It is important to practice chipping. It is more important to practice focused chipping. By following these chipping tips, strokes will be saved during your round. Chipping the ball effectively is a great way to lower your score and have more fun while playing golf!

I am a grateful golfer! See you on the links!

 

 

Golfing in the Rain

Well my first two days of the golf tournament were postponed. In the last 36 hours our area received about 80 mm or rain.  Our course is under water and it is draining very slowly.  It is unlikely we will be able to play on Friday, so the entire event will be delayed one week.  Of course I am disappointed, but at least the event is not cancelled all together. But, as always, each experience is a learning one; so now we talk about playing golf in the rain.

IMG-20130710-00061Many golfers dislike the rain. Personally, it does not bother me because I believe I have a fool-proof system to keep the important aspects of my equipment and body as dry as possible. The first important point has to do with equipment. I carry the following when I suspect it is going to rain:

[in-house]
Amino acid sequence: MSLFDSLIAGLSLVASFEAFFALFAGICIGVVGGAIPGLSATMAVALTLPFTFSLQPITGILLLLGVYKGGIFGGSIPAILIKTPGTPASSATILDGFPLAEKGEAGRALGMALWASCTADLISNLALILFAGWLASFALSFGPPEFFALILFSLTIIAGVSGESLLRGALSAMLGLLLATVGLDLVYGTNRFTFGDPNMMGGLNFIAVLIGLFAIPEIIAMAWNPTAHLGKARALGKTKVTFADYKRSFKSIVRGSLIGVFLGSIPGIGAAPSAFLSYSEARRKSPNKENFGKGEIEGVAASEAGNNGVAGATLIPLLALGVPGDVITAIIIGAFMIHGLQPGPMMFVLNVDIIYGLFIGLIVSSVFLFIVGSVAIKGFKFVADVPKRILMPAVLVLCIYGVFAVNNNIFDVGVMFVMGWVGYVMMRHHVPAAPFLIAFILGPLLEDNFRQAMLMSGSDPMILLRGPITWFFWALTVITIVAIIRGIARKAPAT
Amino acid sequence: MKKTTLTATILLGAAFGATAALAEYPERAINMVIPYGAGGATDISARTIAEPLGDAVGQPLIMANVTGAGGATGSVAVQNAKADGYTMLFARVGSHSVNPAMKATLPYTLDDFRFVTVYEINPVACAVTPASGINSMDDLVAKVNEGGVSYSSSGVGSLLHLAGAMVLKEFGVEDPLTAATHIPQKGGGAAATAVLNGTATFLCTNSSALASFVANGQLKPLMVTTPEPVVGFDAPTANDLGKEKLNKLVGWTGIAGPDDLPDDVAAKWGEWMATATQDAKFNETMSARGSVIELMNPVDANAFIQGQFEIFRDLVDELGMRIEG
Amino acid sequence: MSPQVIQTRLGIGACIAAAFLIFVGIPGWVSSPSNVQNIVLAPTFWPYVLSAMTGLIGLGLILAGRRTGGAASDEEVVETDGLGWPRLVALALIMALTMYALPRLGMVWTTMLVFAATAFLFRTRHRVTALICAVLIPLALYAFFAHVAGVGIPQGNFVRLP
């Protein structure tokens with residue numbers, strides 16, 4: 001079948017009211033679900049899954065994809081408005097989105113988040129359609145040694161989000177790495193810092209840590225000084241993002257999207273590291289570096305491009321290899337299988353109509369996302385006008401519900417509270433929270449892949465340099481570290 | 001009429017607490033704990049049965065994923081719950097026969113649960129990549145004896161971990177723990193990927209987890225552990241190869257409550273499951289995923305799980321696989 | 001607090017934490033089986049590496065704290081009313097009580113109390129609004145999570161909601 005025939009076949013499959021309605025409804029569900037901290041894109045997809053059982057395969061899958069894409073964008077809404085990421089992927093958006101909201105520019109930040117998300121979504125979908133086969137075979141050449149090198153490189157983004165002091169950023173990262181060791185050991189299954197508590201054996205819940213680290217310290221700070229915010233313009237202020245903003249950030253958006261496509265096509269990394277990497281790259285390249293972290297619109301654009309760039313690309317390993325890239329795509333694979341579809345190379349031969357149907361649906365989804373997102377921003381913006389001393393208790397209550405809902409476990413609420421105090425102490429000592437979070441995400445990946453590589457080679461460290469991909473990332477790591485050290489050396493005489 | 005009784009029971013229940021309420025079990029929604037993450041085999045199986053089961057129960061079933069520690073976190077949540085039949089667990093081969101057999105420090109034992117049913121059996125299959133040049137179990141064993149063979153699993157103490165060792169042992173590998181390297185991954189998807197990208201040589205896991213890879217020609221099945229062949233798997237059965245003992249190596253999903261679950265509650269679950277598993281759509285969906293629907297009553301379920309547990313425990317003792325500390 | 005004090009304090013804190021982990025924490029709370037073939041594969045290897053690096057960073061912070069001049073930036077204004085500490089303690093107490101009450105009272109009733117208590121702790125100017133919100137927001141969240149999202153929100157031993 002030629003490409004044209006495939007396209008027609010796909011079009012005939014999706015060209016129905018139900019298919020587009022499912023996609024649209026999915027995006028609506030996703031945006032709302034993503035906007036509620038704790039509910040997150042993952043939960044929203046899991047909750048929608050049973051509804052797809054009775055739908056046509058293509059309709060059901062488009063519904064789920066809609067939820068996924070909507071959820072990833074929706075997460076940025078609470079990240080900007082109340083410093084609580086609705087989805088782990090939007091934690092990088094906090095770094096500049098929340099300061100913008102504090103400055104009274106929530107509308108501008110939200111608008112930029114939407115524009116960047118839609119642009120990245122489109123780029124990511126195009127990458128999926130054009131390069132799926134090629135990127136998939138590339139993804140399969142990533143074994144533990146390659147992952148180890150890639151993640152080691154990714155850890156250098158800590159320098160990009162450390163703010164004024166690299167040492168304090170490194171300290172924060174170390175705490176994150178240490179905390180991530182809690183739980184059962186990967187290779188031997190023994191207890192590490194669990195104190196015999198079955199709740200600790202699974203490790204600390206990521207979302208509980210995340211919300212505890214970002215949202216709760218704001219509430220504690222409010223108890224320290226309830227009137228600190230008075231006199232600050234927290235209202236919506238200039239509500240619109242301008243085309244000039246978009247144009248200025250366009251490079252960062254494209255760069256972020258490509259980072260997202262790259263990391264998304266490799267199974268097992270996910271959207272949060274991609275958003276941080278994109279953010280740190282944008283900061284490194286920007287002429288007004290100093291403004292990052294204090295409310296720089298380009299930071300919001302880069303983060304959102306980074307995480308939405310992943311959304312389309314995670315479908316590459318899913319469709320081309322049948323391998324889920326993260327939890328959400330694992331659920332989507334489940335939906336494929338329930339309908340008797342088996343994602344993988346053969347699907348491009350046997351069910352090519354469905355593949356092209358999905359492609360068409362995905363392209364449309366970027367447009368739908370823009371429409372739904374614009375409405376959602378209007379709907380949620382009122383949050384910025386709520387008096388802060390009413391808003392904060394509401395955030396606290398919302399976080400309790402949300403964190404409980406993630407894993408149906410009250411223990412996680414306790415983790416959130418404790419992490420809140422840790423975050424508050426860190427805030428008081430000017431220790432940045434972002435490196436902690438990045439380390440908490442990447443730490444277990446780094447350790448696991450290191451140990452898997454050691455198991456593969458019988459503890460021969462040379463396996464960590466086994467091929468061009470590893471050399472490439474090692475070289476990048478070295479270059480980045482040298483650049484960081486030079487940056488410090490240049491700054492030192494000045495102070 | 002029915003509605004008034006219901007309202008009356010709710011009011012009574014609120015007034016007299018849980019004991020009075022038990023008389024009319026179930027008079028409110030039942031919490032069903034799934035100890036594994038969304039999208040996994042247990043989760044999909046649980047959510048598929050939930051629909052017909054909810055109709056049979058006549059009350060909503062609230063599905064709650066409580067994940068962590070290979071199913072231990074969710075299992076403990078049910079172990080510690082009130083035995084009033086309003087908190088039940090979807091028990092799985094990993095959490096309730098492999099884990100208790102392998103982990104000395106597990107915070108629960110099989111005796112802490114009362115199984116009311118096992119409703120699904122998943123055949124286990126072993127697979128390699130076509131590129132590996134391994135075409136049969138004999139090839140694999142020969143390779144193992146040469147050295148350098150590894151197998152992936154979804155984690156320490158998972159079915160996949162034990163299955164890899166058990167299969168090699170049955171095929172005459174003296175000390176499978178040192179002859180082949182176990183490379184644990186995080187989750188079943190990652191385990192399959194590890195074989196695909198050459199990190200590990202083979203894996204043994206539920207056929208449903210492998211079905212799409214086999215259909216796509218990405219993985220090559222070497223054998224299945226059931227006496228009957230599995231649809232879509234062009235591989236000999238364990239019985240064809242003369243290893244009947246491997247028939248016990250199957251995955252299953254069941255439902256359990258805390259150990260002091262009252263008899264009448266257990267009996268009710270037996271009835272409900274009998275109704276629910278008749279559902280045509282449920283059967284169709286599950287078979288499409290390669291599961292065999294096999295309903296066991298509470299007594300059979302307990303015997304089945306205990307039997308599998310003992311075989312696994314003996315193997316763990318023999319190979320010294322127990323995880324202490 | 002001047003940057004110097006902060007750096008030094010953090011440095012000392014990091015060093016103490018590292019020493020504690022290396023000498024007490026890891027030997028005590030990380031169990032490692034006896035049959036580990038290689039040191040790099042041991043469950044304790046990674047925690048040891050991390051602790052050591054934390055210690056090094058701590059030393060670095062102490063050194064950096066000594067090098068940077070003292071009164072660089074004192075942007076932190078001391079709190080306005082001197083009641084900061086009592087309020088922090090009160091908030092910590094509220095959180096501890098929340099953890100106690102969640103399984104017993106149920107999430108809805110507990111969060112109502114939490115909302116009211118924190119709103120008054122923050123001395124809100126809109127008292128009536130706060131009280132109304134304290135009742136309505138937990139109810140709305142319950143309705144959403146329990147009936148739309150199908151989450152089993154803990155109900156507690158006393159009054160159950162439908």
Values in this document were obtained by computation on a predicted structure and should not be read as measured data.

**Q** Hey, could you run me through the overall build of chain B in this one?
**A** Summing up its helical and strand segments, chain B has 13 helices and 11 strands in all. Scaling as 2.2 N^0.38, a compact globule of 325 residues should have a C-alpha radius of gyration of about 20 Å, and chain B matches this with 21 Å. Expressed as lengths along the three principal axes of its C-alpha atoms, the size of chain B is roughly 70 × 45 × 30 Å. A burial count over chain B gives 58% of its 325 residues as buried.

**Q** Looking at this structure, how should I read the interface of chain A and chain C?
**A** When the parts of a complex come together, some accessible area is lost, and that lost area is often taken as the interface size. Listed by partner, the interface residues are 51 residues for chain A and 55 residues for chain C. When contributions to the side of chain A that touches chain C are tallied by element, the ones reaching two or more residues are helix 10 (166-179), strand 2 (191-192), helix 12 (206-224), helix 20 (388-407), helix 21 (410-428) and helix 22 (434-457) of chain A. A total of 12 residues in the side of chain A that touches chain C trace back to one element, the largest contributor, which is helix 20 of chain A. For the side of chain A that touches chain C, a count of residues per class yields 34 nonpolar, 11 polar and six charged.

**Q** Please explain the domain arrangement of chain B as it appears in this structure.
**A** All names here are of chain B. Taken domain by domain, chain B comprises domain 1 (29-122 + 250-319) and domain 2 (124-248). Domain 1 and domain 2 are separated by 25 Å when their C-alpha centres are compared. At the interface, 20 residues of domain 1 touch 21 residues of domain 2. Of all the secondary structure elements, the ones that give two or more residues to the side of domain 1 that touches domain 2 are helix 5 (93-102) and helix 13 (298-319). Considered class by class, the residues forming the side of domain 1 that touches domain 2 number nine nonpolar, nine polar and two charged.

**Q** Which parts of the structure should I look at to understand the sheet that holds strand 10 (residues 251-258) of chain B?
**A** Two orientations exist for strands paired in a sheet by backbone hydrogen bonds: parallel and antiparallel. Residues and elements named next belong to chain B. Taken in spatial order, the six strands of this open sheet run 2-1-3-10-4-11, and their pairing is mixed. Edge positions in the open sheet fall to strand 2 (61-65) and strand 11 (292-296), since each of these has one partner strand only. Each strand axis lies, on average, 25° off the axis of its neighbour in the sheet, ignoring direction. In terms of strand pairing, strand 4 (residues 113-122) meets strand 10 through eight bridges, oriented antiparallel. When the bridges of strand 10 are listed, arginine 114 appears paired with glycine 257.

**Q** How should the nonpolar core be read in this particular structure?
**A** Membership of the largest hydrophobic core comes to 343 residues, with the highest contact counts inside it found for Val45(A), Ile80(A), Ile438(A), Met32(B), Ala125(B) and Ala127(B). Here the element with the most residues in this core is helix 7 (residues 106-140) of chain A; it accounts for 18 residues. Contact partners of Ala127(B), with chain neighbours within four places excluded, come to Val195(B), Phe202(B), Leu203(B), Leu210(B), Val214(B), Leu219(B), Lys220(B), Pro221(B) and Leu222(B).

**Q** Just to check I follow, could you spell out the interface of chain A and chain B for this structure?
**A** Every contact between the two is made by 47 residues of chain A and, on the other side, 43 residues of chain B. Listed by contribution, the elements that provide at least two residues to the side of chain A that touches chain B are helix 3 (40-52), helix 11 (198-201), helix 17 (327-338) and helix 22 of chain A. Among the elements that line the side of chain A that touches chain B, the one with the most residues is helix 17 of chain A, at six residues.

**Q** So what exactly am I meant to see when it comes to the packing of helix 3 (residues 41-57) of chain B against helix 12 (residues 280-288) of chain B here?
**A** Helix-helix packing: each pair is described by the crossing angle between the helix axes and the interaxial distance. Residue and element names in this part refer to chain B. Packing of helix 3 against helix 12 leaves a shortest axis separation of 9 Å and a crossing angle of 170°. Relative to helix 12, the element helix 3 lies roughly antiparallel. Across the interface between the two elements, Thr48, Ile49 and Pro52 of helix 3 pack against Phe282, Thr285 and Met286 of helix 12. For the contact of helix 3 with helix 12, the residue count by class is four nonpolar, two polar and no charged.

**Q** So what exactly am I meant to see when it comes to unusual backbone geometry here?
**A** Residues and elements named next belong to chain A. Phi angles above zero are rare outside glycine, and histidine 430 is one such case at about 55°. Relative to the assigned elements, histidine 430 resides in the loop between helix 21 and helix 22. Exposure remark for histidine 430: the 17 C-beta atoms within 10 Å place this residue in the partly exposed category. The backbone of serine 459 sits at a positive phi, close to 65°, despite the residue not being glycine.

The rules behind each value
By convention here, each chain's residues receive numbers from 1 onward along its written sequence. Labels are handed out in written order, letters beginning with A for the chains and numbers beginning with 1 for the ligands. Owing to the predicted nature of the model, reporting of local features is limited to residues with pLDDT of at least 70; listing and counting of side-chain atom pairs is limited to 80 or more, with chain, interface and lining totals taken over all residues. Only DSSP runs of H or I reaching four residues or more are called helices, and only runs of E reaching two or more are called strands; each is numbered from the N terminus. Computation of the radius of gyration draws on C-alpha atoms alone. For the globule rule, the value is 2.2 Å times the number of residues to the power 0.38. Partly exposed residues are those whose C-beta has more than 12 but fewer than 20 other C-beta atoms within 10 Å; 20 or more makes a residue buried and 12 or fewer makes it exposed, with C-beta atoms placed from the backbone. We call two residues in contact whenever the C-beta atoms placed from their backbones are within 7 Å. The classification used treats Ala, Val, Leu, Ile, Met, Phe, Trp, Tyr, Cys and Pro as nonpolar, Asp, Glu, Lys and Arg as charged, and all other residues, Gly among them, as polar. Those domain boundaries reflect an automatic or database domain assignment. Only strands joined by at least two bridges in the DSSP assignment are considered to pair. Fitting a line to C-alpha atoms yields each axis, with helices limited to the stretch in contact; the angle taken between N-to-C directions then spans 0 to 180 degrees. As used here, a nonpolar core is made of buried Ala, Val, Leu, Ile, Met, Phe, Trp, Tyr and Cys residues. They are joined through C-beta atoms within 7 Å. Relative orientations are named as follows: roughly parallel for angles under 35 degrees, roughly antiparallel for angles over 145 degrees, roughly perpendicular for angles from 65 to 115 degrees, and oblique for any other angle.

• Plastic cover that actually covers my entire golf bag;
  • a 64 inch umbrella that can be attached to my golf cart (which I push so it does not hurt my shoulder);
  • clear plastic freezer bags to keep my score card dry;
  • spare socks in a clear plastic bag;
  • spare clothes in the car for after the round;
  • two towels so I can hang them under the umbrella; and
  • a hat and rain suit.

All of these things keep me very dry unless it is really pouring, then I just have to suck it up and be grateful I can still golf. When making a shot, expect on the green, by routine is very simple:

  • I point my clubs into the wind because it cuts down on spray;
  • I remove my club while under my umbrella and wipe the grips (if required) with one towel and my hands with the other;
  • I normally do not take a practice swing, so I walk out behind the ball and visualize;
  • step up and hit the ball;